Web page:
## Job Market Paper

#### Updated June 2016

I investigate the effects of population ageing on immigration policies. Voters' attitude towards immigrants depends on how the net gains from immigration are divided up in the society by the fiscal policy. In the theoretical literature this aspect is treated as exogenous to the political process because of technical constraints. This generates inconsistent predictions about the policy outcome. I propose a new equilibrium concept for voting models to analyse the endogenous relationship between immigration and fiscal policies and solve this apparent inconsistency.
I show that the elderly and the poor have a common interest in limiting immigration and in increasing public spending. This exacerbates the effects of population ageing on public finances and results in a high tax burden on working age individuals and further worsens the age profile of the population. Moreover, I show that if the share of elderly population is sufficiently large, then a society is unambiguously harmed by the tightening in the immigration policy caused by the demographic change. Finally I show that the implications of the model are consistent with the patterns observed in UK attitudinal data and in line with the findings of the empirical literature about migration.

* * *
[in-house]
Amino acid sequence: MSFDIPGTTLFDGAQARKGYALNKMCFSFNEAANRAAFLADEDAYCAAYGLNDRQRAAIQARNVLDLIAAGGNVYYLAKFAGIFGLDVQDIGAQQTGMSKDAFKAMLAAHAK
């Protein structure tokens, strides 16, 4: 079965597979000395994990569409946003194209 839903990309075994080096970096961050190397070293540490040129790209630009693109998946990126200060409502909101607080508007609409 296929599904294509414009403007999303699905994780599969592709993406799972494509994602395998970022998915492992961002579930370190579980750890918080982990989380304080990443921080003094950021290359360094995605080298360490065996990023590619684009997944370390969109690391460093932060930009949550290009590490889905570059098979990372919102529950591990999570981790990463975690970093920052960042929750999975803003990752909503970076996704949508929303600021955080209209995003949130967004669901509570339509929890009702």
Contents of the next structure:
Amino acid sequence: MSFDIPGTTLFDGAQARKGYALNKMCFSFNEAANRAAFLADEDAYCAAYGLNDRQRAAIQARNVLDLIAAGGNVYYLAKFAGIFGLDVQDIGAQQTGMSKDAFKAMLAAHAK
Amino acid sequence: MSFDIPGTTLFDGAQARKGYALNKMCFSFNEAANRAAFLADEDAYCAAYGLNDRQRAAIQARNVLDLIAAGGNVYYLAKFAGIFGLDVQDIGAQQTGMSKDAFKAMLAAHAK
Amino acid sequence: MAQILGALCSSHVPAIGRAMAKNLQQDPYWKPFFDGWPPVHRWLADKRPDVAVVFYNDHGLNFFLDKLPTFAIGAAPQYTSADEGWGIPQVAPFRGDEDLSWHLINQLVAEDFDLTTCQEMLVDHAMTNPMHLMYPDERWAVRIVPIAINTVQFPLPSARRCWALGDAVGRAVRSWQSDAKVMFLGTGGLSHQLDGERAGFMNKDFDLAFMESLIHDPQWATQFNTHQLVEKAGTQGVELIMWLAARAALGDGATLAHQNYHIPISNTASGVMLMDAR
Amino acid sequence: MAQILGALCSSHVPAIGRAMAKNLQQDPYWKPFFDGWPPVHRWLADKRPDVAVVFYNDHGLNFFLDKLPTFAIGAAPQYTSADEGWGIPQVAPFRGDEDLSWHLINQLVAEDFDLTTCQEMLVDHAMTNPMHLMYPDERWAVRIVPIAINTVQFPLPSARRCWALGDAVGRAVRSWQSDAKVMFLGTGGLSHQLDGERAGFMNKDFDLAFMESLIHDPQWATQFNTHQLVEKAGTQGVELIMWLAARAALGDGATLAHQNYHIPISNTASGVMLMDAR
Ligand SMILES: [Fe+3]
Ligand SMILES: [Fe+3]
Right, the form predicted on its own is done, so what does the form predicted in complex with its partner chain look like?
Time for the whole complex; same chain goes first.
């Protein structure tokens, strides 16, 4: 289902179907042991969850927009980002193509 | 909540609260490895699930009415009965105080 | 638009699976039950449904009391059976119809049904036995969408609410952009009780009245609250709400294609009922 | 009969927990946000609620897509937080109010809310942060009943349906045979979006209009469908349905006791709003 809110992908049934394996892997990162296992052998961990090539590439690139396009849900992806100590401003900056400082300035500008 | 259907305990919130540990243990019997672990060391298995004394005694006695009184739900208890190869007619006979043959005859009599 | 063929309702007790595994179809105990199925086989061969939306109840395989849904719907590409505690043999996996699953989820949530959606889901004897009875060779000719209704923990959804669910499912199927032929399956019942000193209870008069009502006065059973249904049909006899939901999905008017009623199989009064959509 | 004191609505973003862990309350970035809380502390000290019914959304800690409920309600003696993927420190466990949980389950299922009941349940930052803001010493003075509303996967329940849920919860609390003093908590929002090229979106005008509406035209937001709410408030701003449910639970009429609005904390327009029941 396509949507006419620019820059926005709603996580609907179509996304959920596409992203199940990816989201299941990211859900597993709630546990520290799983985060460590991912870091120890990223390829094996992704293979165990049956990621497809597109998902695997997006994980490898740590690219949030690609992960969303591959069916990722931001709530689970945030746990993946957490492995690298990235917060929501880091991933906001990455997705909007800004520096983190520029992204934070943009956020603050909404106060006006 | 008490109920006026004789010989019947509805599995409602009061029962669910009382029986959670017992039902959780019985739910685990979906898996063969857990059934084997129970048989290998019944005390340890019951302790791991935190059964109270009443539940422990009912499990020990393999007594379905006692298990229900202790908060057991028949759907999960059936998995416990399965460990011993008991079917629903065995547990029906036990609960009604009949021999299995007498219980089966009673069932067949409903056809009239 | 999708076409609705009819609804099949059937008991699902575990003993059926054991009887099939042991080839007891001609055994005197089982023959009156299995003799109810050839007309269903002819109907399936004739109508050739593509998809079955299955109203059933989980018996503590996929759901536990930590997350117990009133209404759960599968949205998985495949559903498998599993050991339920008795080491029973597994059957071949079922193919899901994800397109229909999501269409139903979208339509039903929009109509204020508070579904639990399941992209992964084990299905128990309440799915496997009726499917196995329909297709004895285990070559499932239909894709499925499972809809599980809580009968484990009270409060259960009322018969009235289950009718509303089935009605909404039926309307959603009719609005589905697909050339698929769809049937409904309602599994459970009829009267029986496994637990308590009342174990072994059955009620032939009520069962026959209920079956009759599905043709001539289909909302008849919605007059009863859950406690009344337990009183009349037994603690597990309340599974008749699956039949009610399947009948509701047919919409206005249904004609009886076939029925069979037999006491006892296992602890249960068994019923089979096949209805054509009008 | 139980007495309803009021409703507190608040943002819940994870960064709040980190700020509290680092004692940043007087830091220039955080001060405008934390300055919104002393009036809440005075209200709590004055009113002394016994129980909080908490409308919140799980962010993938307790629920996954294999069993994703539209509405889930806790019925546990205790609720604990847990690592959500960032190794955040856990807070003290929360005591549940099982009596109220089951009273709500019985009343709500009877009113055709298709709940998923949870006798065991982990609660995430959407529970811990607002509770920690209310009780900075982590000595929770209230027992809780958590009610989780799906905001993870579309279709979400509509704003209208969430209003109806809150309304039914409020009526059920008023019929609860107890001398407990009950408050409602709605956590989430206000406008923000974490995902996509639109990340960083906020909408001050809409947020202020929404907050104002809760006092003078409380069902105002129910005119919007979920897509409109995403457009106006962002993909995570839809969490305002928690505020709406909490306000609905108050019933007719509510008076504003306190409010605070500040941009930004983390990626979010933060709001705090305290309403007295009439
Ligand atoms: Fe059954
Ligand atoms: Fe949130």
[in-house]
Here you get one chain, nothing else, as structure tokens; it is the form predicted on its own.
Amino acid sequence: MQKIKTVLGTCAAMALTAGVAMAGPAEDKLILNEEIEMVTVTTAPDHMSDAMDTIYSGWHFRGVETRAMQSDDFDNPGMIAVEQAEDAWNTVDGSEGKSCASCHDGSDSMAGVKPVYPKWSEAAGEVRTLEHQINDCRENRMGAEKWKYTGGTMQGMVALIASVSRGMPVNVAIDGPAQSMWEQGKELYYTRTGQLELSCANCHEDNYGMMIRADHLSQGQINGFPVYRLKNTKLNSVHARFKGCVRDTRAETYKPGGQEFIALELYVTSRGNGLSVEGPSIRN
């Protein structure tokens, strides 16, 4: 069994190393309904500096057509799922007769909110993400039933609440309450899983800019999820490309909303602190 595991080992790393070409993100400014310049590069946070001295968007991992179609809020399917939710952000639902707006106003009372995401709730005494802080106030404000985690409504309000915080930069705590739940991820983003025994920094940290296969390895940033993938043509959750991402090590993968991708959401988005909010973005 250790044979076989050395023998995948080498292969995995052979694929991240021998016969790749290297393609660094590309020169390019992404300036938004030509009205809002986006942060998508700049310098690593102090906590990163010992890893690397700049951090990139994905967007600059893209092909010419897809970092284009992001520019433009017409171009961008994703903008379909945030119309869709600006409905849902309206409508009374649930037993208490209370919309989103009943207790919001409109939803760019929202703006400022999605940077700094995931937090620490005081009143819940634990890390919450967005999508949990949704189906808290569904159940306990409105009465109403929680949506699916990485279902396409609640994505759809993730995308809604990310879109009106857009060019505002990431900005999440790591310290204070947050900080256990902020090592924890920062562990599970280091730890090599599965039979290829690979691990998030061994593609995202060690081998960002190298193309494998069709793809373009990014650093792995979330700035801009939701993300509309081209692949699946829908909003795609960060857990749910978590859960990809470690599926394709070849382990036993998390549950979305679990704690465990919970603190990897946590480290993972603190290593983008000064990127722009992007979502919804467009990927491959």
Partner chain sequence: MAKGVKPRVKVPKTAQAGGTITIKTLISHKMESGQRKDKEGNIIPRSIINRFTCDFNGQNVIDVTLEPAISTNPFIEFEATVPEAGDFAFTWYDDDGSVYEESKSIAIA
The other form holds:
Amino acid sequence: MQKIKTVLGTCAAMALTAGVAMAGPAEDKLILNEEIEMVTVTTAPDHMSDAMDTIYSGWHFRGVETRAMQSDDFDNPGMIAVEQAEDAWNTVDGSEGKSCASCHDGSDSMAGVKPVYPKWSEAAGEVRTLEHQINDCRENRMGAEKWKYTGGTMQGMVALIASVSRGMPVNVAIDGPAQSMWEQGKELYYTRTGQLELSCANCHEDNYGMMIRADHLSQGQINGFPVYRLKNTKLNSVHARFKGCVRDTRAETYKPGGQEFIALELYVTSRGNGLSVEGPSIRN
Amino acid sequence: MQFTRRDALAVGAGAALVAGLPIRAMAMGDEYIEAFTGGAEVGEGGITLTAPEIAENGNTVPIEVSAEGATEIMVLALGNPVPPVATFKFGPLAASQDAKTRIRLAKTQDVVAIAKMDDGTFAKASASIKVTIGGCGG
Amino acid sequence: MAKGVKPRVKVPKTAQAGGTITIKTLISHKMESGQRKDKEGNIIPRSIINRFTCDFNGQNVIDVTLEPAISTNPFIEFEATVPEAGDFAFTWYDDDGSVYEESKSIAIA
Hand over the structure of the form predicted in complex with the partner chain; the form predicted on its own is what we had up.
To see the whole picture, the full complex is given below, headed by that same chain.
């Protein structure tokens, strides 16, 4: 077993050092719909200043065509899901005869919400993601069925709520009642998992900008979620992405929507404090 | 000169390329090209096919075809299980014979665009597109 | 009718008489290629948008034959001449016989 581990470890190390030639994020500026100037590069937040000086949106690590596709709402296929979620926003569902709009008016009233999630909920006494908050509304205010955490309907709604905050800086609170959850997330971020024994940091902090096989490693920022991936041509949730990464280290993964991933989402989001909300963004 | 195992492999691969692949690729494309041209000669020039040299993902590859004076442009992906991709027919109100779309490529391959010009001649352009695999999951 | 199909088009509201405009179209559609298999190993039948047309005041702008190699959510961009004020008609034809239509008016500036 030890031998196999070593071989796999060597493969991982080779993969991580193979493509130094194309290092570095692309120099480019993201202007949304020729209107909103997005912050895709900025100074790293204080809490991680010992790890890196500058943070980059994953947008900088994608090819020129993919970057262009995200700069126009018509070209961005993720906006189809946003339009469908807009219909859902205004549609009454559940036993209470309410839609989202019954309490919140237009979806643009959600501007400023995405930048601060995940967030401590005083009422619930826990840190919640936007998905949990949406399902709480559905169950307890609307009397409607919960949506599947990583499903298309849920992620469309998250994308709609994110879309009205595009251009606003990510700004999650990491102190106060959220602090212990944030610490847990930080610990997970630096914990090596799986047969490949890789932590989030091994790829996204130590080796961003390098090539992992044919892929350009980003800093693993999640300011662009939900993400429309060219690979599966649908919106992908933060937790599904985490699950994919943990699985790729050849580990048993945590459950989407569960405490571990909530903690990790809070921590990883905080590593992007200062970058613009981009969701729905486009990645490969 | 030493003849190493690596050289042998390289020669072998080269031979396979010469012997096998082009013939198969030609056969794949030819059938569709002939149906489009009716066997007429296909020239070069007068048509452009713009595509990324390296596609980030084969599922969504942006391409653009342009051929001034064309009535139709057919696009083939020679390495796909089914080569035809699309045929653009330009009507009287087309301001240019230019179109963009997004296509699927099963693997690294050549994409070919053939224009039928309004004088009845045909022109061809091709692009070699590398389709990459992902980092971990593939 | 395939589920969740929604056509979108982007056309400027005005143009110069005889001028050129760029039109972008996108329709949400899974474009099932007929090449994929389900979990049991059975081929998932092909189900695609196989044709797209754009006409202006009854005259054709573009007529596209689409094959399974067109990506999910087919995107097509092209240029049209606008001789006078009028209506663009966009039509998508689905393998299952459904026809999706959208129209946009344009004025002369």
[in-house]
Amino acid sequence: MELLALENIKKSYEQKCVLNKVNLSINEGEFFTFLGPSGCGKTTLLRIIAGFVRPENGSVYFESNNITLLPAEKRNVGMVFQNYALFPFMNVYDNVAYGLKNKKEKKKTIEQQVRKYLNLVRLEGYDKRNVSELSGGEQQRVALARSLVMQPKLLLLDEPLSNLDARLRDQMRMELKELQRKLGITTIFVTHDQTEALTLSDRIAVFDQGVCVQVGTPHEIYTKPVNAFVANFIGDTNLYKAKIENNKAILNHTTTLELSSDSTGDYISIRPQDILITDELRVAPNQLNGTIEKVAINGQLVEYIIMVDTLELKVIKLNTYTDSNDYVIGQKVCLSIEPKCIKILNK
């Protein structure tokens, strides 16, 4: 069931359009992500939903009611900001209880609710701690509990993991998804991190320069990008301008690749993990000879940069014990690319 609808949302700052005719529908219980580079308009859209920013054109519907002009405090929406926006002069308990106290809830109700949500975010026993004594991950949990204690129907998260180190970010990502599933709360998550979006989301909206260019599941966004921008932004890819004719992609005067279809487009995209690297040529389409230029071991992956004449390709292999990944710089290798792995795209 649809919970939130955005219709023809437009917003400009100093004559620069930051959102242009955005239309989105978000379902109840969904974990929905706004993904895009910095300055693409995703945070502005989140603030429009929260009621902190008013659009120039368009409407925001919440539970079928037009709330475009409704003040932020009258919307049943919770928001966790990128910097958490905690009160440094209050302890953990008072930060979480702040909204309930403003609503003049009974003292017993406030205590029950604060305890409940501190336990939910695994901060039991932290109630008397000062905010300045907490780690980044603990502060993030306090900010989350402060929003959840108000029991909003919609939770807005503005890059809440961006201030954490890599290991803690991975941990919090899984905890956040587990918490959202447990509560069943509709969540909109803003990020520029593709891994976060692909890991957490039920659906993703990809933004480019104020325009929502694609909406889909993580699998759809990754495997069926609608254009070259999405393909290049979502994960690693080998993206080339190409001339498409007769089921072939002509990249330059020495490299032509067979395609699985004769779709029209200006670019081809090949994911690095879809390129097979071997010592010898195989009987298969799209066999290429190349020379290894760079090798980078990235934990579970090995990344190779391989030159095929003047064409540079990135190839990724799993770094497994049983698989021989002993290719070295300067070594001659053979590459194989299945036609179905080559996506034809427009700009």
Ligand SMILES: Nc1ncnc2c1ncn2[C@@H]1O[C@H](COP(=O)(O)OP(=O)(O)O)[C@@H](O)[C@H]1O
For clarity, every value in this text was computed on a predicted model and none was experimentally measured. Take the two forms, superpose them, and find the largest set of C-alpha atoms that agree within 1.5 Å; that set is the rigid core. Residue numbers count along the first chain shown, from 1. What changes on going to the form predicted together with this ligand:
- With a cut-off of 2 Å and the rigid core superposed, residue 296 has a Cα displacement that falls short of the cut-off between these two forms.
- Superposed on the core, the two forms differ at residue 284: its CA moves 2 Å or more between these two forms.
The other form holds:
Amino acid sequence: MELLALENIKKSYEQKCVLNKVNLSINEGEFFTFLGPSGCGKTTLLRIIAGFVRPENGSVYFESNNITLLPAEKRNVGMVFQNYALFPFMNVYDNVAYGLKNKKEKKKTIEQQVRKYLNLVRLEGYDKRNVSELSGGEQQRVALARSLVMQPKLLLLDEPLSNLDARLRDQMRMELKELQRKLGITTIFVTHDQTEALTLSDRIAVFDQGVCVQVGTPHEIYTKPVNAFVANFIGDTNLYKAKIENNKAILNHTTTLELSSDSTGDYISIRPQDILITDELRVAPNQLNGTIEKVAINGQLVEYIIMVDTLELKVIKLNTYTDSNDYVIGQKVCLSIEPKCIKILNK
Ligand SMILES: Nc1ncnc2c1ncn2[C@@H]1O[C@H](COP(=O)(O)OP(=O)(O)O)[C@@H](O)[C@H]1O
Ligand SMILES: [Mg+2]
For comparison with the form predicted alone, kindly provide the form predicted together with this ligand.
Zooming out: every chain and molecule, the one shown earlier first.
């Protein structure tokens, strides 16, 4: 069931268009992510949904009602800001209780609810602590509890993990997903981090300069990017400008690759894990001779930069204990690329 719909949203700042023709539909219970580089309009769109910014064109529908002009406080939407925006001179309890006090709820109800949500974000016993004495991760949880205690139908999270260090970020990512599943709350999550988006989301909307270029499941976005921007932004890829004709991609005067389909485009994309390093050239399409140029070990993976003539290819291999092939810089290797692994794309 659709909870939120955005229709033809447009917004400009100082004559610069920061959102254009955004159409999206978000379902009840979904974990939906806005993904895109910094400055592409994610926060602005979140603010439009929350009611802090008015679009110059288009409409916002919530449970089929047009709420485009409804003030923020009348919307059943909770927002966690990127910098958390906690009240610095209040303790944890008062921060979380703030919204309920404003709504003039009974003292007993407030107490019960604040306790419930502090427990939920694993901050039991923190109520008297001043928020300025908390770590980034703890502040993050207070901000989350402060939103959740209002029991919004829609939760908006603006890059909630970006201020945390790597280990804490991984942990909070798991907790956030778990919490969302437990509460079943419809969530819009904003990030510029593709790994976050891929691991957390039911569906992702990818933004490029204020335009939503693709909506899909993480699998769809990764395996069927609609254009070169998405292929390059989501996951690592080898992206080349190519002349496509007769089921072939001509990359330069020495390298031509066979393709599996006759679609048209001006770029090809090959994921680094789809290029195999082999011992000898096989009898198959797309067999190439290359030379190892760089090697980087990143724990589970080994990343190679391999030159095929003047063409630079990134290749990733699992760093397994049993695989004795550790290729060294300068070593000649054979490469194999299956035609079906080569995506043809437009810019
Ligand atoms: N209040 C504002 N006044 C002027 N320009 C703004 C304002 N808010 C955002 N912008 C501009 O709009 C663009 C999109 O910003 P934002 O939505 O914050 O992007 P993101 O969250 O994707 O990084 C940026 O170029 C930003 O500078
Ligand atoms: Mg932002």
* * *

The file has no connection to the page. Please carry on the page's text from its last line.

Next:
## Working Papers

I investigate the equilibrium properties of a deterministic voting model in which the policy space is multidimensional and politicians have limited ability to commit to platforms. Specifically, a politician running alone can only offer his ideal policy. Voters can form coalitions to increase the commitment ability of politicians. Coalition structures are required to be stable in any equilibrium. This analysis is useful to answer a large class of Political Economy questions in which the multidimensional nature of the policy is crucial to model voters’ trade-offs. I show that, under suitable restrictions on voter preferences, a Median Voter Theorem holds. The main result consist of two monotone comparative statics results for the equilibrium policy outcome. Moreover, I characterize the types of coalitions that can be stable in an equilibrium. Lastly, I show how this model relates to popular alternatives in the literature, and that the main result is robust to a variety of different assumptions about the notion of stability.